Protecting forests in the Klamath-Siskiyou
KS Wild’s work over the past decades has kept tens of thousands of acres of native forests standing
The Klamath Siskiyou Mountains are home to some of the most spectacular forests in the world. Dense old growth forests, towering pines in oak woodlands, and alpine meadows all mix together in this world-class ecoregion. Our region borders the coastal Redwood forests (with the tallest trees in the world) to the west and the mighty Douglas fir forests of the Cascade Range in the east.
KS Wild focuses on public forests, mostly in the Rogue and Klamath River watersheds. Our trained staff and volunteers monitor public lands management on eight million acres (a forested area larger than the state of Maryland!). These public lands include the Medford and Klamath Falls Bureau of Land Management, and the Klamath, Six Rivers, Shasta-Trinity, and Rogue River-Siskiyou National Forests. Our goal is to protect the remaining wildlands, watersheds, and wildlife while encouraging restoration of forests that have been damaged by logging, mining, and development.
Damaged by Clearcuts
Widespread clear-cut logging has destroyed old-growth habitat, ruined watersheds, and converted native forests throughout southern Oregon and northern California into biologically sterile tree plantations. Virtually all of the private, state, and county forests in the region have been clearcut and continue to be managed for timber production. The intact native forests that anchor the land and water of the region are found on lands owned by all Americans and managed by the U.S. Forest Service and the Bureau of Land Management.
The good news is that, unlike much of North America, the Klamath-Siskiyou still has large networks of wildlands and intact forests capable of acting as "source populations" for at-risk species. But ongoing old-growth logging and post-fire salvage timber sales continue to remove habitat and connectivity for rare old-growth dependent species.
Take Action to Protect Forests
Forest Watch Blog:
Protecting the Best, Restoring the Rest
Local communities, scientists, conservationists, and some far-sighted federal land managers are working to develop a social consensus to restore and rehabilitate the vast tracts of public lands that have been damaged by prior logging and continuing fire suppression. The idea is to protect our remaining native and ancient forests, safeguard streamside ecosystems, and carefully thin dense second-growth tree farms. The ultimate goal in many of these projects: to reintroduce natural fire to fire-dependent forests. KS Wild is committed to protecting the best of what still remains and promoting restoration forestry where it will do the most good.
Thinning and Fire
Fire has shaped Klamath-Siskiyou forests for tens of thousands of years. The KS forests have a “mixed fire regime,” meaning that they experienced low, moderate and high severity fires depending on the weather, fuels, and other factors. Native Americans also burned forests to encourage the growth of useful plants, such as oaks and beargrass.
Since fire suppression has been effective - about 100 years - small trees that would have burned are now encroaching into many forests and meadows. Some scientists argue our forests are now vulnerable to uncharacteristic, higher severity wildfire. Habitats like groves of native oaks are vanishing due to encroachment of trees that result from a lack of fire.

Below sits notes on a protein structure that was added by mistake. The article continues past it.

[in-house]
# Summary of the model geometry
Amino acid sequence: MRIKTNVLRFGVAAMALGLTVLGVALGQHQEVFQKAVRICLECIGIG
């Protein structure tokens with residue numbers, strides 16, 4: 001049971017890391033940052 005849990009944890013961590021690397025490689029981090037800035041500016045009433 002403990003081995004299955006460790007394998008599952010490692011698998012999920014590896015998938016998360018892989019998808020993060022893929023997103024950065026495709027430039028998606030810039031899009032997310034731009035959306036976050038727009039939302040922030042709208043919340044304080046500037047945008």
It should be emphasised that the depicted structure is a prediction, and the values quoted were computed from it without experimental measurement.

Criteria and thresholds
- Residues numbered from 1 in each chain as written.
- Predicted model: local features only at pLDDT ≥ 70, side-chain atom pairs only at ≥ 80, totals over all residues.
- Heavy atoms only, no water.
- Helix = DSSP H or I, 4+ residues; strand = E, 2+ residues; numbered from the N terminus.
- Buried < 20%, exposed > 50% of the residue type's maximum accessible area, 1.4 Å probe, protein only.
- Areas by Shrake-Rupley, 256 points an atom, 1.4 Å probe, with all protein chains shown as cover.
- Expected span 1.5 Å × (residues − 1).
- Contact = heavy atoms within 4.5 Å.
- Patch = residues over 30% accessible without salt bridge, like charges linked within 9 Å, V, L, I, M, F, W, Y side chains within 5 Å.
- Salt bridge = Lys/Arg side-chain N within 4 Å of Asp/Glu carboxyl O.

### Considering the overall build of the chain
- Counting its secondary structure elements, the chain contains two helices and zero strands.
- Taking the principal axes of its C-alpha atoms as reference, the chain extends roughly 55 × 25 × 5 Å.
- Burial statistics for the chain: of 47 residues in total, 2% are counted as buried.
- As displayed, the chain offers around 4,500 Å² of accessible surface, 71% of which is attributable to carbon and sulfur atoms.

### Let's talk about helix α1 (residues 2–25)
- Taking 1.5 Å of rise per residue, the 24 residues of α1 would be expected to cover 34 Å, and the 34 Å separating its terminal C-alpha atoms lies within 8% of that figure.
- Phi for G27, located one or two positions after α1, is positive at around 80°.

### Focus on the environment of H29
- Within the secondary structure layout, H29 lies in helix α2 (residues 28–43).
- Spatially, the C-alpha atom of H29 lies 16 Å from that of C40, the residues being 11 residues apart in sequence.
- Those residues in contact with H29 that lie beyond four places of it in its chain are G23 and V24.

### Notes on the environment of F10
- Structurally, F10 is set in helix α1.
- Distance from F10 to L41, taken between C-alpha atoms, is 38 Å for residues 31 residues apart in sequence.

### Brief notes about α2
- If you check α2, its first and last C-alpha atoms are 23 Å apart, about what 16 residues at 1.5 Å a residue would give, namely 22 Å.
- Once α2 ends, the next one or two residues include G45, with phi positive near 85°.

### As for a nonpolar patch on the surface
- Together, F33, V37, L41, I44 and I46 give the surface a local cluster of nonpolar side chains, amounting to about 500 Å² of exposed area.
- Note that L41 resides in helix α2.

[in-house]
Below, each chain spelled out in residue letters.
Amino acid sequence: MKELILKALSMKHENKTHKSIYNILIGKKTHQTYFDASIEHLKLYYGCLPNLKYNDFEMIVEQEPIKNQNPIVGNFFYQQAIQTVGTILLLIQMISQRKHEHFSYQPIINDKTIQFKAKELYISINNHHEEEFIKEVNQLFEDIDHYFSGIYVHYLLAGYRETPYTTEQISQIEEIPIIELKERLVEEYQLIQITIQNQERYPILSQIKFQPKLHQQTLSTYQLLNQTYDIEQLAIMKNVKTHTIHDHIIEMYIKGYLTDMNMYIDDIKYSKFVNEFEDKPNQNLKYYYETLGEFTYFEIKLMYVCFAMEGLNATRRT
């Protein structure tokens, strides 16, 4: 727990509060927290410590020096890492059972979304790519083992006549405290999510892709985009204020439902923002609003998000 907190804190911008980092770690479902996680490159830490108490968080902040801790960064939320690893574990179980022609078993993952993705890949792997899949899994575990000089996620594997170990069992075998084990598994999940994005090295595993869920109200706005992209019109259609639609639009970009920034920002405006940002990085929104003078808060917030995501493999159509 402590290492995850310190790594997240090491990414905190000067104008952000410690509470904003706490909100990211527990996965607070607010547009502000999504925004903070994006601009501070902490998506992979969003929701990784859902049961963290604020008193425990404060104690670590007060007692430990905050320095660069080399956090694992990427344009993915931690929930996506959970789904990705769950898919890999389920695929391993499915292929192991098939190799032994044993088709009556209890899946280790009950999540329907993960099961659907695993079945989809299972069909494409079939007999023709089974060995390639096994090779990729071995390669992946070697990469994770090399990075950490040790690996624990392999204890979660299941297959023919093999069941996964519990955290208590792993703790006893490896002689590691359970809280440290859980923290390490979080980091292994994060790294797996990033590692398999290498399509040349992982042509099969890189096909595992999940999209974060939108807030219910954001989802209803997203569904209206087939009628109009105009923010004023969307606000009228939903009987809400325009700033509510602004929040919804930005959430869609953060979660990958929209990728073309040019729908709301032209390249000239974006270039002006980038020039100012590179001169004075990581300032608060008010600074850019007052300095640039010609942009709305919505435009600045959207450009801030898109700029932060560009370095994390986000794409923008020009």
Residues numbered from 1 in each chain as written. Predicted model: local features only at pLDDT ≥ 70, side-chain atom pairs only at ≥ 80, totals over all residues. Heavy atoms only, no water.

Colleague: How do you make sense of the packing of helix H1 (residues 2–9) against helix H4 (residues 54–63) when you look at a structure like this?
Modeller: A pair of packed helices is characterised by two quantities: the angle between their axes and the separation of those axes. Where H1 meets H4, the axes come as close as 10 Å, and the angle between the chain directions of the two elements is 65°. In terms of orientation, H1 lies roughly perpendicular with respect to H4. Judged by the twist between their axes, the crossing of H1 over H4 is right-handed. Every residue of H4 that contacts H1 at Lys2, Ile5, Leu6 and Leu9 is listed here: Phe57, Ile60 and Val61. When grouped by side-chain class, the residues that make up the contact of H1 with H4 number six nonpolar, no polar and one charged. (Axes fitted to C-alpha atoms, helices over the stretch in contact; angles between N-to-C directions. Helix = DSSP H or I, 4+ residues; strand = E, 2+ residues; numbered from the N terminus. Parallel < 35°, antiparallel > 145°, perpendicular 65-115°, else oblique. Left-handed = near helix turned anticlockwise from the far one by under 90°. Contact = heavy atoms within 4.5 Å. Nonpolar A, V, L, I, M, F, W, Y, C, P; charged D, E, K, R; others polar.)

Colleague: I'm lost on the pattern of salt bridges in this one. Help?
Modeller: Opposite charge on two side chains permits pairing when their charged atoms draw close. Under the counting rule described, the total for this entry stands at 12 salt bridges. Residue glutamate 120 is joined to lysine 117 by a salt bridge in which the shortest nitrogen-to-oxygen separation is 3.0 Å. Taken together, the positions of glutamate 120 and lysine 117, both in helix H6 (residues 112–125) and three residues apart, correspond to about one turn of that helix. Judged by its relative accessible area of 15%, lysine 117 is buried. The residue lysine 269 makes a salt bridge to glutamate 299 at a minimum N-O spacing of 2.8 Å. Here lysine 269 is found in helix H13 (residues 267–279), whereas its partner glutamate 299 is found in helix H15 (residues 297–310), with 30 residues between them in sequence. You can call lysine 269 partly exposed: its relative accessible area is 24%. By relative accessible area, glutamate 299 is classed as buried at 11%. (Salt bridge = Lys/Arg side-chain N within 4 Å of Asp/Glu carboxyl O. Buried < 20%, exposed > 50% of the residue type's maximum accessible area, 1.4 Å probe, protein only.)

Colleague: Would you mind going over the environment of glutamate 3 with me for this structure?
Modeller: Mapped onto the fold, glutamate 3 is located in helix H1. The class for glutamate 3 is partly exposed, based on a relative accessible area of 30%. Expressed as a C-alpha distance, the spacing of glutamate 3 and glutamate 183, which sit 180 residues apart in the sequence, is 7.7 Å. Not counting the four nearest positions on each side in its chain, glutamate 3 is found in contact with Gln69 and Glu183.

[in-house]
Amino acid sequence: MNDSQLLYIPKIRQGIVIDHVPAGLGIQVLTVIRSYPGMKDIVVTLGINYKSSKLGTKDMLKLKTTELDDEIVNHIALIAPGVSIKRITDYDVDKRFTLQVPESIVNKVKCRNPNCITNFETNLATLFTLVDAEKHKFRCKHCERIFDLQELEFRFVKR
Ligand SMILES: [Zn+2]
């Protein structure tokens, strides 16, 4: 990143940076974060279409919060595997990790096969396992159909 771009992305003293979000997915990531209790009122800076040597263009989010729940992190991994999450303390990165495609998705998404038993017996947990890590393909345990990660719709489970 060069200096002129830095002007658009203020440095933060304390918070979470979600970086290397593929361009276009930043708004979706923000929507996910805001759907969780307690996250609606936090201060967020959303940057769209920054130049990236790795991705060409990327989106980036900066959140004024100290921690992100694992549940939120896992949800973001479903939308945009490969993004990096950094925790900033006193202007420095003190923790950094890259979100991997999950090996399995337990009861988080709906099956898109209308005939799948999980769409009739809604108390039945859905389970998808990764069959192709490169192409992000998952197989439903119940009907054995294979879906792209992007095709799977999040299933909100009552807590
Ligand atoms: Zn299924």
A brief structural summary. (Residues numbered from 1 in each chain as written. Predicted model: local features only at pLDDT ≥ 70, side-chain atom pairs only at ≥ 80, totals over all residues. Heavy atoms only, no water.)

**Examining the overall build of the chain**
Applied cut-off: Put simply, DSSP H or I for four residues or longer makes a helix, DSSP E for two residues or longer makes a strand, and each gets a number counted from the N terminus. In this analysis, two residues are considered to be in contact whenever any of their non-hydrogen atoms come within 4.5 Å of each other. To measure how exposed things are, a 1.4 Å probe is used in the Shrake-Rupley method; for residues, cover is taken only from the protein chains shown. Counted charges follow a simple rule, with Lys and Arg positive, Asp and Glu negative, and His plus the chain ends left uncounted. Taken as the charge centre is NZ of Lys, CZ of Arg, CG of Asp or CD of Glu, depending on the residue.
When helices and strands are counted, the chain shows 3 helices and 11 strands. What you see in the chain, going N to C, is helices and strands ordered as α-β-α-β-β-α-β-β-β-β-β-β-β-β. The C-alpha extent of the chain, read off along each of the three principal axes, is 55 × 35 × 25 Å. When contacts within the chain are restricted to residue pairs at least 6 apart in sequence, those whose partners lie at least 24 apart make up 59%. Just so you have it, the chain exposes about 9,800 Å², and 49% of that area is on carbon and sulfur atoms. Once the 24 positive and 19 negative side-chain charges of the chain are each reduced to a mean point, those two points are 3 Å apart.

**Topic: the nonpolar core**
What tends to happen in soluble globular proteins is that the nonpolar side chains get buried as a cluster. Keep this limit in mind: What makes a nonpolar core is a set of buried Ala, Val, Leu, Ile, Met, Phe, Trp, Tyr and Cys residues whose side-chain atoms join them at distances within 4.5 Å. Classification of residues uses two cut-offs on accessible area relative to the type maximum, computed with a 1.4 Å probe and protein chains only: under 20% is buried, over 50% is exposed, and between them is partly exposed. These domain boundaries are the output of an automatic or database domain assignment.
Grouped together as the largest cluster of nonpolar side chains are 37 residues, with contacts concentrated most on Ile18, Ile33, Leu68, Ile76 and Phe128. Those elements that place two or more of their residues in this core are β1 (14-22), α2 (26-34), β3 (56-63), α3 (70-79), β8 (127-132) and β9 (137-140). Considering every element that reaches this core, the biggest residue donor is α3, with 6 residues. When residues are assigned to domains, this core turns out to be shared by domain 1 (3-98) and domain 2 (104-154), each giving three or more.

Protecting Homes and Lives
People are increasingly settling further and further out into the forest-urban inter- face. Fires that were once a natural part of the basin now threaten communities and structures that have popped up in recent decades. In addition to restoring forests, treating high fire hazard areas and creating defensible space around these homes and communities has been a priority of the Oregon Department of Forestry, several municipalities and federal land managers.
Logging has left indelible scars throughout the Klamath-Siskiyou's once bountiful forests. Large scale logging operations began in the early 1900s using railroads. By the 1950s, “clearcut” logging was common across the Pacific Northwest. But finally in the 1990s, growing awareness of forest ecology slowed the pace of clearcutting. As a result of this legacy, artificial tree “plantations” are widespread on public land in the region.
Recent scientific research shows that carefully thinning tree plantations can help restore these overly dense and unnatural forests. Research also show these plantations burn hotter than more natural forests. Thinning can help improve the habitat for wildlife and accelerate the development of old-growth forests. Ecologically based thinning projects can also produce timber from small trees that are in excess in the forest, taking pressure away from logging older forests.
Collaboration Can Work
The extreme complexity and variability of this region's forests make decisions about cutting trees very local. KS Wild has been a part of dozens of collaborative efforts focused on ecologically based thinning of small diameter trees in the Klamath-Siskiyou which help make those decisions. We partner with the Forest Service and BLM representatives, as well as sociologists, timber industry interests and others when possible and when forest restoration is driving the management decision, as opposed to timber production.
Getting Fire Back On The Ground
The ultimate goal of forest management in the Klamath-Siskiyou should be to get fire back on the ground under appropriate conditions. In some areas and weather conditions, wildfire can carry out its historic role in the ecology of forests. While this is not be possible near communities, there are many areas where wildfire use is appropriate under the right weather and fuels conditions. KS Wild generally support the use of prescribed fire to restore forests to more resilient conditions.